Another Chilly Day With Lots of Sunshine!
A Slow Warm-up as We Head Into the Weekend!
While a weak ripple of low pressure is moving towards the Carolinas early today, the current
weather map is also showing a very large ridge of high pressure that is located in eastern
Canada... In fact, this high pressure is 'driving a wedge' southward along the spine of the
Appalachians... So, with a plentiful supply of dry air in place, we'll be precipitation-free today,
tonight and tomorrow... But, there's no denying that current satellite imagery indicates that a band
of high and mid level clouds will continue sliding across the mid Atlantic states, and it should also
spread into areas as far north and southern New England as the morning unfolds... One of the
necessary adjustments that was made to the forecast by yesterday's afternoon and evening crews
was to 'play up' cloud cover today, while also allowing for sunny intervals...
That forecast still seems very reasonable early this morning, given recent satellite trends...
And, this cloud cover has also allowed for most temperatures overnight to 'stabilize' somewhat...
A few of them have actually started to rise just a bit because of the presence of these clouds...
Temperatures this afternoon will be no higher than the mid or upper 40s, although it can briefly
touch 50 (like it did yesterday in Philadelphia) in some cities located near or to the south of the
Tonight, even the sky may be partly cloudy early, the prevailing thoughts are that some low clouds will be
returning to much of the coastal plain after midnight... The dry weather is going to persist into the
upcoming weekend, with the bulk of the East's unsettled weather residing in the Carolinas for the
next several days... However, unlike last weekend, when temperatures made a significant 'jump' on
Sunday afternoon, we don't expect these to change all that much from one day to the next...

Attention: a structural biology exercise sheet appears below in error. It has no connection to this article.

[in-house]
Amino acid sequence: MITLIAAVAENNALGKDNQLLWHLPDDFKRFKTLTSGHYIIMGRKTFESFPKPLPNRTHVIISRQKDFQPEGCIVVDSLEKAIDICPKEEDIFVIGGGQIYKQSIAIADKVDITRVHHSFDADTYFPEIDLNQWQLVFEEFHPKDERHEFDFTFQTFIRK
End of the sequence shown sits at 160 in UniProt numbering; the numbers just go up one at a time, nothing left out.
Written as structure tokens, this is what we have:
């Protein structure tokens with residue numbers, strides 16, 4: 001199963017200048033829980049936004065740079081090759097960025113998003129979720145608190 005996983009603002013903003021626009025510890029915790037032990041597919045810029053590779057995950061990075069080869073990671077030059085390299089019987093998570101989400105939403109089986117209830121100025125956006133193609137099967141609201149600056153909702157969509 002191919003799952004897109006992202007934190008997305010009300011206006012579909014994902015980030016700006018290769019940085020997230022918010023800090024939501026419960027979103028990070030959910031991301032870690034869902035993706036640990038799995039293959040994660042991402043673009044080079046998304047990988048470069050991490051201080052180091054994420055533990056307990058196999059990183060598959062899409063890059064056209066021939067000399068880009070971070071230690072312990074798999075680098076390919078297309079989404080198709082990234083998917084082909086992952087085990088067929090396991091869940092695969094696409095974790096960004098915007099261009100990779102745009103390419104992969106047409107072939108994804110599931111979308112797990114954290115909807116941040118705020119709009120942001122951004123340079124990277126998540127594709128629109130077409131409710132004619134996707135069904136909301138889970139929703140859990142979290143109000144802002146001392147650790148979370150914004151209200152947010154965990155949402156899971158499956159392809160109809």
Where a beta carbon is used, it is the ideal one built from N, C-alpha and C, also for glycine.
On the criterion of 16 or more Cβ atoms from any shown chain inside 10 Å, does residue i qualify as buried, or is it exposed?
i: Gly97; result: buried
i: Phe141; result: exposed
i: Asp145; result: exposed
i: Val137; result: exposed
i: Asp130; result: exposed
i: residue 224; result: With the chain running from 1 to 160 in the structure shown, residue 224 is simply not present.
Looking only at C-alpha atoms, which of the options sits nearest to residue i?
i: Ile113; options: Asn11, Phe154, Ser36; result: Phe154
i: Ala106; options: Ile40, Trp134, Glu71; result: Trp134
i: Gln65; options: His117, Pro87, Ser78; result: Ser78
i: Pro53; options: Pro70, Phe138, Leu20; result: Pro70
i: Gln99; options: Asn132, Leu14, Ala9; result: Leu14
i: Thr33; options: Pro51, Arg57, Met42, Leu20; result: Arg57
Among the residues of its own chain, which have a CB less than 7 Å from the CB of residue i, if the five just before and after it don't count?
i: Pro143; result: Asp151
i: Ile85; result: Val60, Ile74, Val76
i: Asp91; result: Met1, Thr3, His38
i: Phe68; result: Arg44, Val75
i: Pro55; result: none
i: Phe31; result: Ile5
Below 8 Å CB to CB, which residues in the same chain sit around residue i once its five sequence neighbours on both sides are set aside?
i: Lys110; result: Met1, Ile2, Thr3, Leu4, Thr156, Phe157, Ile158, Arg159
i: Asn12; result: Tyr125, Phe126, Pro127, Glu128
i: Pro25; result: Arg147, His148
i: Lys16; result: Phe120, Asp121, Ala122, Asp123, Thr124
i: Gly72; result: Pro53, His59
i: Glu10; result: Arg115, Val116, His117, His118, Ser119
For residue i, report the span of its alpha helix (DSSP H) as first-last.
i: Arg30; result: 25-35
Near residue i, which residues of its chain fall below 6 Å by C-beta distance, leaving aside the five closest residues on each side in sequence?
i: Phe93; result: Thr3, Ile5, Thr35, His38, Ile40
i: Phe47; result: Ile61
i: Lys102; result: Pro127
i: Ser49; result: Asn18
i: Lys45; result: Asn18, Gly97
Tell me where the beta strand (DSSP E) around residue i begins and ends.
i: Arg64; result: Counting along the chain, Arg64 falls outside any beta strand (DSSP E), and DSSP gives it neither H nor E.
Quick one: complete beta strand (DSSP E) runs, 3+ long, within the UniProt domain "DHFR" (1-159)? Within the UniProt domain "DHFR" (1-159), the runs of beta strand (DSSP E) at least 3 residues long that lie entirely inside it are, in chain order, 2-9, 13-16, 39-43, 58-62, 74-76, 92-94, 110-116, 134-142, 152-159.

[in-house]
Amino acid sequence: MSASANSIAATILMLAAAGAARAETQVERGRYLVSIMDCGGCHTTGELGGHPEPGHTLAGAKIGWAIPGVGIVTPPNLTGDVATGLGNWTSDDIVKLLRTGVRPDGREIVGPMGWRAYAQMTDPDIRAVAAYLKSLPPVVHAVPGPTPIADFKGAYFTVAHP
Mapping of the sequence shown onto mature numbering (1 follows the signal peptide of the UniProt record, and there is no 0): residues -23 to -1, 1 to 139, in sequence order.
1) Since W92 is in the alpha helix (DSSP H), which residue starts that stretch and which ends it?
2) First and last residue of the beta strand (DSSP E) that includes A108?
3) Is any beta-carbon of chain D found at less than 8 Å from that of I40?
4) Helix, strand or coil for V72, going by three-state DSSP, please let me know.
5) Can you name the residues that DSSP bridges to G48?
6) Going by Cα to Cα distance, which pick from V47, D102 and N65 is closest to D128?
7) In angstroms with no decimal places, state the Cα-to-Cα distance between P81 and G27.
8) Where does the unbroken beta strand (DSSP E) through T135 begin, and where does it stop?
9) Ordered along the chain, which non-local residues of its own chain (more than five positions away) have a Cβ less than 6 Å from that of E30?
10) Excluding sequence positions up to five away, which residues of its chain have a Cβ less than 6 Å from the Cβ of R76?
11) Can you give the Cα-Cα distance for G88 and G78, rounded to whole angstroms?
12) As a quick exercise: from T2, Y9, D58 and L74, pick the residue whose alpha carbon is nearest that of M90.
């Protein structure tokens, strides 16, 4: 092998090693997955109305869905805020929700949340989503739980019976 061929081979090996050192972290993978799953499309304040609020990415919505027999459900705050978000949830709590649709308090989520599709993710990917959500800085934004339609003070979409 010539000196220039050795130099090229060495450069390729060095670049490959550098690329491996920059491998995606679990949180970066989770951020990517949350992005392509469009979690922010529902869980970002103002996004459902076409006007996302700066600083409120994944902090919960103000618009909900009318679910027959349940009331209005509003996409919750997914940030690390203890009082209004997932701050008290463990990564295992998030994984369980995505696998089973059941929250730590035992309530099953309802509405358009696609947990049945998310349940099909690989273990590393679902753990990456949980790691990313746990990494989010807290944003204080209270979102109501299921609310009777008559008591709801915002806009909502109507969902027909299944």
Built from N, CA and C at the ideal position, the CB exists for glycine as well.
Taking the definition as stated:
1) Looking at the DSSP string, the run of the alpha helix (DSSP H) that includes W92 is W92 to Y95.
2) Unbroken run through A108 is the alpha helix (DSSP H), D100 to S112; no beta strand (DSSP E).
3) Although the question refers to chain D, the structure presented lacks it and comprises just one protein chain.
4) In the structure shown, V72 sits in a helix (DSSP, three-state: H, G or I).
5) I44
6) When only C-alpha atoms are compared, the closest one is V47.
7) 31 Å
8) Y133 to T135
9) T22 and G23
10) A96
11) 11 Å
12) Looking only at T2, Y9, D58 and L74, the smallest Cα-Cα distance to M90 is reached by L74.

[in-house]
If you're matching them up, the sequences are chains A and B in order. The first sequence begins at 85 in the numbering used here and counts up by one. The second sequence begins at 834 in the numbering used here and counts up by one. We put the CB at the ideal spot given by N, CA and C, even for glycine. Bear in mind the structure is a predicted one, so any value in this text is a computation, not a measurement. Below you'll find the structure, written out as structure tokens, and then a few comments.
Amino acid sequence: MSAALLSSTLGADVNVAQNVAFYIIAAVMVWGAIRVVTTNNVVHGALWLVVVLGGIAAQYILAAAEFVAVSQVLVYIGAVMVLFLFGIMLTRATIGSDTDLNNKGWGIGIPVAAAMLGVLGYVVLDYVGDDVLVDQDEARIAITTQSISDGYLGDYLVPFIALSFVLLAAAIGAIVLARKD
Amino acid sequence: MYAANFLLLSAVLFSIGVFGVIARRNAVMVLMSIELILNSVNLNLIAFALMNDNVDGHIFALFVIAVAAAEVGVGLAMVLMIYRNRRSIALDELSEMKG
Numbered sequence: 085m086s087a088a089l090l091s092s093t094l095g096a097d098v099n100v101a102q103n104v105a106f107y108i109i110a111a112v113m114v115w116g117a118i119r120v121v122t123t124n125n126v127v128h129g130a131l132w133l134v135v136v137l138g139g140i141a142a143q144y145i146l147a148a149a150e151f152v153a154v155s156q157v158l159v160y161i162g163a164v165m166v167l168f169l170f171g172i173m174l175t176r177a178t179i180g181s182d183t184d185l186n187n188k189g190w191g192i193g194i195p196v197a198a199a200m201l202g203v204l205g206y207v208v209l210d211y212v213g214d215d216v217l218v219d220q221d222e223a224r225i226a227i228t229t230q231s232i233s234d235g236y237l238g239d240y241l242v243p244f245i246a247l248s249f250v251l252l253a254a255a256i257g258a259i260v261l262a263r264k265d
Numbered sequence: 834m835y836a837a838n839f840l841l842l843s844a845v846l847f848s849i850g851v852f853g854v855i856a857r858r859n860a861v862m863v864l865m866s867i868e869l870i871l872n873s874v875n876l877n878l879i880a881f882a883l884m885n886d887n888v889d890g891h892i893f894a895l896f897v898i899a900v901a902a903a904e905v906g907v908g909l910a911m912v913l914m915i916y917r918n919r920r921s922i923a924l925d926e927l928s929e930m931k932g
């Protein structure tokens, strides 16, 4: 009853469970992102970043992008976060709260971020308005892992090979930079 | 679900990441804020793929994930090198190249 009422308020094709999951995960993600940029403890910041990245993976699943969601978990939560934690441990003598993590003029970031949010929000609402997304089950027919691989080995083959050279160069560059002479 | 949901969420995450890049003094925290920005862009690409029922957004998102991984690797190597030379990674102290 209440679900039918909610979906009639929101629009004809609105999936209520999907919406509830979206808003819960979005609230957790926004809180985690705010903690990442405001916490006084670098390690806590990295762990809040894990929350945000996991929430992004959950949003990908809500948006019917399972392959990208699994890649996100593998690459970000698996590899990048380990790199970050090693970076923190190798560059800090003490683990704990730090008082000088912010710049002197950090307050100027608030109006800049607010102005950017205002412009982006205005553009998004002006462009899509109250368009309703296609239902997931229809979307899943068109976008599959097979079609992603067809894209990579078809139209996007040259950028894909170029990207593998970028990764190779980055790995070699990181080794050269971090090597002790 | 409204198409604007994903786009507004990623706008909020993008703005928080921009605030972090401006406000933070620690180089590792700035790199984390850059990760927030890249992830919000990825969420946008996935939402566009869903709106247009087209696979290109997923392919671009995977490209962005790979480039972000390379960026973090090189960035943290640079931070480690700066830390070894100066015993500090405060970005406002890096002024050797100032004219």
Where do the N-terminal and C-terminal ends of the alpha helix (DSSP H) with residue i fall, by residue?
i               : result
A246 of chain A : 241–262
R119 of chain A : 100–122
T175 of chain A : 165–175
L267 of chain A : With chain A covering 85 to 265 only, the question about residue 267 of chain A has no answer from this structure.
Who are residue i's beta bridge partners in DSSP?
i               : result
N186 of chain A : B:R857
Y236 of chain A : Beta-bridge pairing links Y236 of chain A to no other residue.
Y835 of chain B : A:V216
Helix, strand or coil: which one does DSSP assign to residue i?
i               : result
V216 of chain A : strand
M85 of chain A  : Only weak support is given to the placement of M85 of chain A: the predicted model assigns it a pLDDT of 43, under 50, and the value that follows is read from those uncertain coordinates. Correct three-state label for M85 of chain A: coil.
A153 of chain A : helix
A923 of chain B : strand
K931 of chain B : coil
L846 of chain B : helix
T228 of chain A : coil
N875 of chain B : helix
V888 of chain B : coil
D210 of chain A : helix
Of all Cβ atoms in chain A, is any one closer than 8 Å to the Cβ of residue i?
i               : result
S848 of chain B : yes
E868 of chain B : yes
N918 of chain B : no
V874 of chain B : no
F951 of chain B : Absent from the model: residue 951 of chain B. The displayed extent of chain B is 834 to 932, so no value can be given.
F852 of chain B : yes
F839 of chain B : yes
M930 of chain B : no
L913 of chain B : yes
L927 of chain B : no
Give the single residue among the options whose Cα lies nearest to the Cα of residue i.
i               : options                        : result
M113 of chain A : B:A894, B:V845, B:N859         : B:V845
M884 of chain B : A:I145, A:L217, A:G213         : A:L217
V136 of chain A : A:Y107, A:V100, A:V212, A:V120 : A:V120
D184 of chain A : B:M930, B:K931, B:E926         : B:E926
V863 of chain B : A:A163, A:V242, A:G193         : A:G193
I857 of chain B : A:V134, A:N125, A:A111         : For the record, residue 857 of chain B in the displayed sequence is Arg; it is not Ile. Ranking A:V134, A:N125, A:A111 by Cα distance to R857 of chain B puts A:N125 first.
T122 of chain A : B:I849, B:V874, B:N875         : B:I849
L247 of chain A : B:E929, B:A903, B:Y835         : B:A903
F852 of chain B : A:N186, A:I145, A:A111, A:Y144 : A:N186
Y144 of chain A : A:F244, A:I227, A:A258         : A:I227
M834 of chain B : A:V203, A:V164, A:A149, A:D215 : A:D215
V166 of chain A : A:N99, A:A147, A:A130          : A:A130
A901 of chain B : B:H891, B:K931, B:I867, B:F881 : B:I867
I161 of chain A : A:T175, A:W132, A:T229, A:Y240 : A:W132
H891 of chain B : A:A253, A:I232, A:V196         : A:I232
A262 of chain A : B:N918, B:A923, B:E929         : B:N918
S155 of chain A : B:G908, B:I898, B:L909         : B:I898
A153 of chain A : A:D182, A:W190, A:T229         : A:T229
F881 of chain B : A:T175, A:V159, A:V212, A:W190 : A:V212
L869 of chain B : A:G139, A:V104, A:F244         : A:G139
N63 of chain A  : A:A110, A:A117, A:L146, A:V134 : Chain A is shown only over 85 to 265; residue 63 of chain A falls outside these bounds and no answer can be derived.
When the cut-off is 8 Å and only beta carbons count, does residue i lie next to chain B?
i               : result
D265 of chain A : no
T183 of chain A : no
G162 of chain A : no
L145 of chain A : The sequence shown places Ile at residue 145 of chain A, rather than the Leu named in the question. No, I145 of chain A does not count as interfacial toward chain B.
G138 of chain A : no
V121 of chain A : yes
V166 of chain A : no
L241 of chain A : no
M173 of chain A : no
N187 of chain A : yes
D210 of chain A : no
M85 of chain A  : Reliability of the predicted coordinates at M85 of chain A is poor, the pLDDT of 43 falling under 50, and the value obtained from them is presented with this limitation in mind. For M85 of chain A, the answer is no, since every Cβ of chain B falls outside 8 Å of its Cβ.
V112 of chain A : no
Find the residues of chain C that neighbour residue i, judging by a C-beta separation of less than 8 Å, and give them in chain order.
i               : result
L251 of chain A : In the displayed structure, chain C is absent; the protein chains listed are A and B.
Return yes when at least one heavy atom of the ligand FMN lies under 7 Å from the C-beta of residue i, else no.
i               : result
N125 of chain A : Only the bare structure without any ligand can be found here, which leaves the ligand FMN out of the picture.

This brings us to the much talked-about potential for a significant coastal storm late this weekend and
early next week... We're going to have to make a few things clear >> the global models are
reaching a fairly solid consensus at this point (at least when you examine recent runs of all
domestic forms of guidance, as well as the European and the Canadian/GGEM) that this storm,
after it forms east of Cape Hatteras, N.C., will remain well out at sea early next week... And, while
there still might be considerable clouds on Monday and Tuesday near the I-95 corridor, as well as
a touch of rain or some drizzle because of the fairly deep, easterly flow of air coming in off of the
Atlantic -- the 'worst effects' of this storm, including its wind and rain, should remain offshore...
That "long fetch", or persistent easterly flow will cause some large ocean swells, and these may
have some impact on many of the beaches which have already been left vulnerable because of
"Sandy" and last week's Nor'easter... So, minor coastal flooding and further beach erosion are still
issues that are "on the table", but for so many of us who will be traveling next week during the
days which lead up to Thanksgiving, the weather doesn't look as if it will be playing a "spoiler"
role - at least not at this point.
Have a great day!